This opinion column was submitted by Lucas Ingvoldstad, Nevada State Director for Rural Development for the USDA.
Cordell and Laura Howk had lived with Laura’s mother in a two-bedroom, one-bathroom apartment for seven years. While the arrangement was amicable, the time has come in early 2022 to find their own accommodation. Luckily, they qualified for the USDA Rural Development Direct Home Loan Program, and even with COVID conditions and few housing options available, purchased a home in Silver Springs.
“Looking back, it was a long process with some bumps but (I’m) glad we persevered,” Laura said. “There’s no way we would have been able to qualify for another program or a loan to buy our house.”
Traveling through rural Nevada, I’ve seen how USDA housing programs can raise entire families and make dreams come true. Over the years, USDA Rural Development has helped nearly 5 million families and individuals across the country achieve those dreams. Across the Silver State, we are working hard to extend this opportunity to everyone in our rural communities.
We know that increasing homeownership opportunities strengthens our rural communities and helps people become wealthier and achieve financial stability.
That’s why, each June, USDA Rural Development celebrates Homeownership Month by sharing success stories and resources to help people in rural communities and tribal lands buy, repair, build and rent houses.
Throughout the month, the USDA is highlighting the ways we are working with lenders and community partners to open the door to homeownership and help people pay their rent in rural America.
Here in Nevada, our housing staff visit rural community centers and housing partners to promote our programs and connect with people who may not know that buying a home – or the improvements needed to their existing home – is fully accessible.
USDA Rural Development has many resources to support affordable housing and help rural residents pave the way to a brighter future.
Under the leadership of President Biden, Vice President Harris, and Agriculture Secretary Vilsack, the USDA is ensuring that rural and tribal communities — especially those that have been neglected in the past — have equitable access to housing resources.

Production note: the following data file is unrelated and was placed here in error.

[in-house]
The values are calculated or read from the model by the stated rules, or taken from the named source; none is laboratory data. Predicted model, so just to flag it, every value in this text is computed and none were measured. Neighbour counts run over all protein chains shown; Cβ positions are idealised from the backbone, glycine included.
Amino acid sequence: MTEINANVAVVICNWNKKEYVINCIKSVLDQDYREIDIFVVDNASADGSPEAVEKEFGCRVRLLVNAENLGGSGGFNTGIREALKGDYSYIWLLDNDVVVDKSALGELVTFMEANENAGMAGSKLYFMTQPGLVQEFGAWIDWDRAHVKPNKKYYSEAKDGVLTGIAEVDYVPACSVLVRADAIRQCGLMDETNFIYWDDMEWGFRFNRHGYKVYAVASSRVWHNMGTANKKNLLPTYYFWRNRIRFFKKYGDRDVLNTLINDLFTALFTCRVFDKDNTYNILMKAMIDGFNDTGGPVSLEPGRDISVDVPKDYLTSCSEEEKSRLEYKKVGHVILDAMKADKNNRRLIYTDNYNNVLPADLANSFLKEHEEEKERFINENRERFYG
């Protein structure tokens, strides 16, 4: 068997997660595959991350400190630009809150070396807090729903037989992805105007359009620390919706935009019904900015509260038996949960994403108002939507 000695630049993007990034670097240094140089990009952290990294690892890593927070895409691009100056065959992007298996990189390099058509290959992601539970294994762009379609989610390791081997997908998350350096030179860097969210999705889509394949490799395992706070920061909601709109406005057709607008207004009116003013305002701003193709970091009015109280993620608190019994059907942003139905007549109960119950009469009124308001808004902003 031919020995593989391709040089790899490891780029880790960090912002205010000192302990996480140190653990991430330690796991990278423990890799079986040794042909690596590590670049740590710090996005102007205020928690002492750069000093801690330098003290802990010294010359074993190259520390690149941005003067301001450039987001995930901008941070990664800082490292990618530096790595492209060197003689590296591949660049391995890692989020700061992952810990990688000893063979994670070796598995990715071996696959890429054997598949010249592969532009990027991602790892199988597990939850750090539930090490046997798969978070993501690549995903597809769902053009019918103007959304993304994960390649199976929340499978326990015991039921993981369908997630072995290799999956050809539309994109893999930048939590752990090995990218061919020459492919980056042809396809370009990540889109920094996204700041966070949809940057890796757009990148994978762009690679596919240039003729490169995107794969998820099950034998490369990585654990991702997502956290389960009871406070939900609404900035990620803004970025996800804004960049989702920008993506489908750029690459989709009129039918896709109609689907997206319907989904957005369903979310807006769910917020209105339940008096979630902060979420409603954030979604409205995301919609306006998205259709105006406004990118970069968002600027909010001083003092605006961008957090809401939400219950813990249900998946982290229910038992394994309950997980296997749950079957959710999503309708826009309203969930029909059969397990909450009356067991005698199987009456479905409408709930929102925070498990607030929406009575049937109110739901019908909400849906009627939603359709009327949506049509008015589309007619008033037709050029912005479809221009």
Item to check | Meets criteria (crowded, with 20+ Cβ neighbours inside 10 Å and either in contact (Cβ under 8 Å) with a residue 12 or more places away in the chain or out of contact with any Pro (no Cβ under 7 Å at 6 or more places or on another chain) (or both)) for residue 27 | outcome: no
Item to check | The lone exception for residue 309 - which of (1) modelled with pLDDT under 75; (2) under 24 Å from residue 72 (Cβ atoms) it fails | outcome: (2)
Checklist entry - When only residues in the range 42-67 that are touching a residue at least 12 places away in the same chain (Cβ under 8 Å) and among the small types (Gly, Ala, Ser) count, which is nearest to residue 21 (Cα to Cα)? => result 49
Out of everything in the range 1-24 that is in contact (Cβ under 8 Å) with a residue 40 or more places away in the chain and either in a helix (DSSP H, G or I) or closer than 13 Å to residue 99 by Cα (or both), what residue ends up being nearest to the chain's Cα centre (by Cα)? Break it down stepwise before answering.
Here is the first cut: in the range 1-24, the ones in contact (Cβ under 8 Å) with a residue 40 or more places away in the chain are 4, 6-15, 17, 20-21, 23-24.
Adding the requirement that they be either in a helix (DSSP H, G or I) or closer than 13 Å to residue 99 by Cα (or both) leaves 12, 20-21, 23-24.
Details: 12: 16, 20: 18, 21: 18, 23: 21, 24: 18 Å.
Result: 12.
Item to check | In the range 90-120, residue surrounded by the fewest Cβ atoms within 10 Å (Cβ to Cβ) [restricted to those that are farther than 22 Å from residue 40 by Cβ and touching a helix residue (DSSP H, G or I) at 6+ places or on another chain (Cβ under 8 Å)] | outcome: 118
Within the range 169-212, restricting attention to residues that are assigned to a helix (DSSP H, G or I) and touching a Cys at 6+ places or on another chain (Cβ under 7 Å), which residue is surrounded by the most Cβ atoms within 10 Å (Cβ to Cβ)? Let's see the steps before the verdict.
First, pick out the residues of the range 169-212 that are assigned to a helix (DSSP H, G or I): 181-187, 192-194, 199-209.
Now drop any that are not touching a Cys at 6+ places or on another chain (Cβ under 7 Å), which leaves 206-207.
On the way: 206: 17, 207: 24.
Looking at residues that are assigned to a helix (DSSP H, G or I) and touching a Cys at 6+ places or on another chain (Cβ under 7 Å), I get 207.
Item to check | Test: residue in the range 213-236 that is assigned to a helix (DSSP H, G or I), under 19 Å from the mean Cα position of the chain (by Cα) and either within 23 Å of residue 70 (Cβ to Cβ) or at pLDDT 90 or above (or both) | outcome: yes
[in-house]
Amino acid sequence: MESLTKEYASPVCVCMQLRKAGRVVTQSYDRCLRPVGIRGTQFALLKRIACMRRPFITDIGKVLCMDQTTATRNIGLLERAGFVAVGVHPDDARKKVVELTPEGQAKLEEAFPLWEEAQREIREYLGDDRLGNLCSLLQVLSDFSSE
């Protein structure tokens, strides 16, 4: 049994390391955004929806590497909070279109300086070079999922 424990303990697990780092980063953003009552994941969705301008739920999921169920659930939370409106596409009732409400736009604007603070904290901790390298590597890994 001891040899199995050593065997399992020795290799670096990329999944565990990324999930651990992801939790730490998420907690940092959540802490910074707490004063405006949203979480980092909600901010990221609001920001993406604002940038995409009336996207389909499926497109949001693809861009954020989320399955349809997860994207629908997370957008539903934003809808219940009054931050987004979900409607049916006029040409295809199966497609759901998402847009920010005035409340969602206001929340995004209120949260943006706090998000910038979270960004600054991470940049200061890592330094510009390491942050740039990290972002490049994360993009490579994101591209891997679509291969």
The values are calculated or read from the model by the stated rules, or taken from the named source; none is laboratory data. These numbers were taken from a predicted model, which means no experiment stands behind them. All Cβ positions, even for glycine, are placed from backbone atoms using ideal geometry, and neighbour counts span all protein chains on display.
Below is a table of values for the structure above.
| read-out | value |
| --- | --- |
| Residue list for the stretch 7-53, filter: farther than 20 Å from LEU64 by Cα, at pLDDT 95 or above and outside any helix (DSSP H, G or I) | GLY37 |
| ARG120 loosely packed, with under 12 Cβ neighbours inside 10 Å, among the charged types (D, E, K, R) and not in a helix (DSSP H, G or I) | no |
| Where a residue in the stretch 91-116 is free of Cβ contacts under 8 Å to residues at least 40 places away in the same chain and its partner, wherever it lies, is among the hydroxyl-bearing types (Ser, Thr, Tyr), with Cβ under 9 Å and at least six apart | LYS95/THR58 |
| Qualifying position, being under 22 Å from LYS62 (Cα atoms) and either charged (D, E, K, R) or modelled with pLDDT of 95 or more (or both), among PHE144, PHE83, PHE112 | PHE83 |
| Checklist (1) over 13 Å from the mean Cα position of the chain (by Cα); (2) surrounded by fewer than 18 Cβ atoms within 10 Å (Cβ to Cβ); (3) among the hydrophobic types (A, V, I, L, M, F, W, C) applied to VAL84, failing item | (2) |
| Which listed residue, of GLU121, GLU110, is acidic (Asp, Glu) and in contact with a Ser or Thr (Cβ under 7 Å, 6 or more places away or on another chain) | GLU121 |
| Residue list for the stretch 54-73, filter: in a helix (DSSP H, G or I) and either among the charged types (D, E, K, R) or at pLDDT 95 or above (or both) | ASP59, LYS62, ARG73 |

This type of support is essential as residents of rural communities face rising housing costs and other economic challenges. These challenges exist nationwide, but every day I see the faces of our most affected rural neighbors. In response to these challenges, President Biden recently announced a plan to increase the stock of affordable housing across the country, especially in rural areas. The USDA supports this view.
The Biden-Harris administration has already invested $26 billion to help nearly 150,000 people in rural and tribal communities buy, repair and build homes through USDA Rural Development single-family housing programs. This includes helping more than 35,000 families and individuals living in socially vulnerable communities to become homeowners.
We also recognize that home ownership is one of many options — different families have different needs. The USDA offers rental assistance that can free up more income for families to build wealth or give back to their communities.
Whether you own or rent a home, you become invested and connected to where you live.
The USDA will continue to expand the reach of our housing programs so that everyone in rural Nevada has the opportunity to find a home they deserve and that matches their unique circumstances.
Join us this month as we celebrate the people we’ve already helped and reach out to others in rural America who may need this life-changing help.
You can learn more about our housing resources by visiting our website or calling 775-443-4787.
A Nevada native, born and raised in Reno, Lucas Ingvoldstad is the Nevada State Director for Rural Development for the USDA. Ingvoldstad’s professional background includes public policy, public affairs, legislative relations, stakeholder engagement and business development. Ingvoldstad previously served as senior director of government and external affairs for a utility-scale renewable energy developer focusing on solar, wind and battery storage projects in the mountain west. In addition, he served as a senior adviser to US Majority Leader Harry Reid. Ingvoldstad enjoys spending time with his family, is an avid cyclist, and enjoys being outdoors, gardening in his backyard, and cooking.
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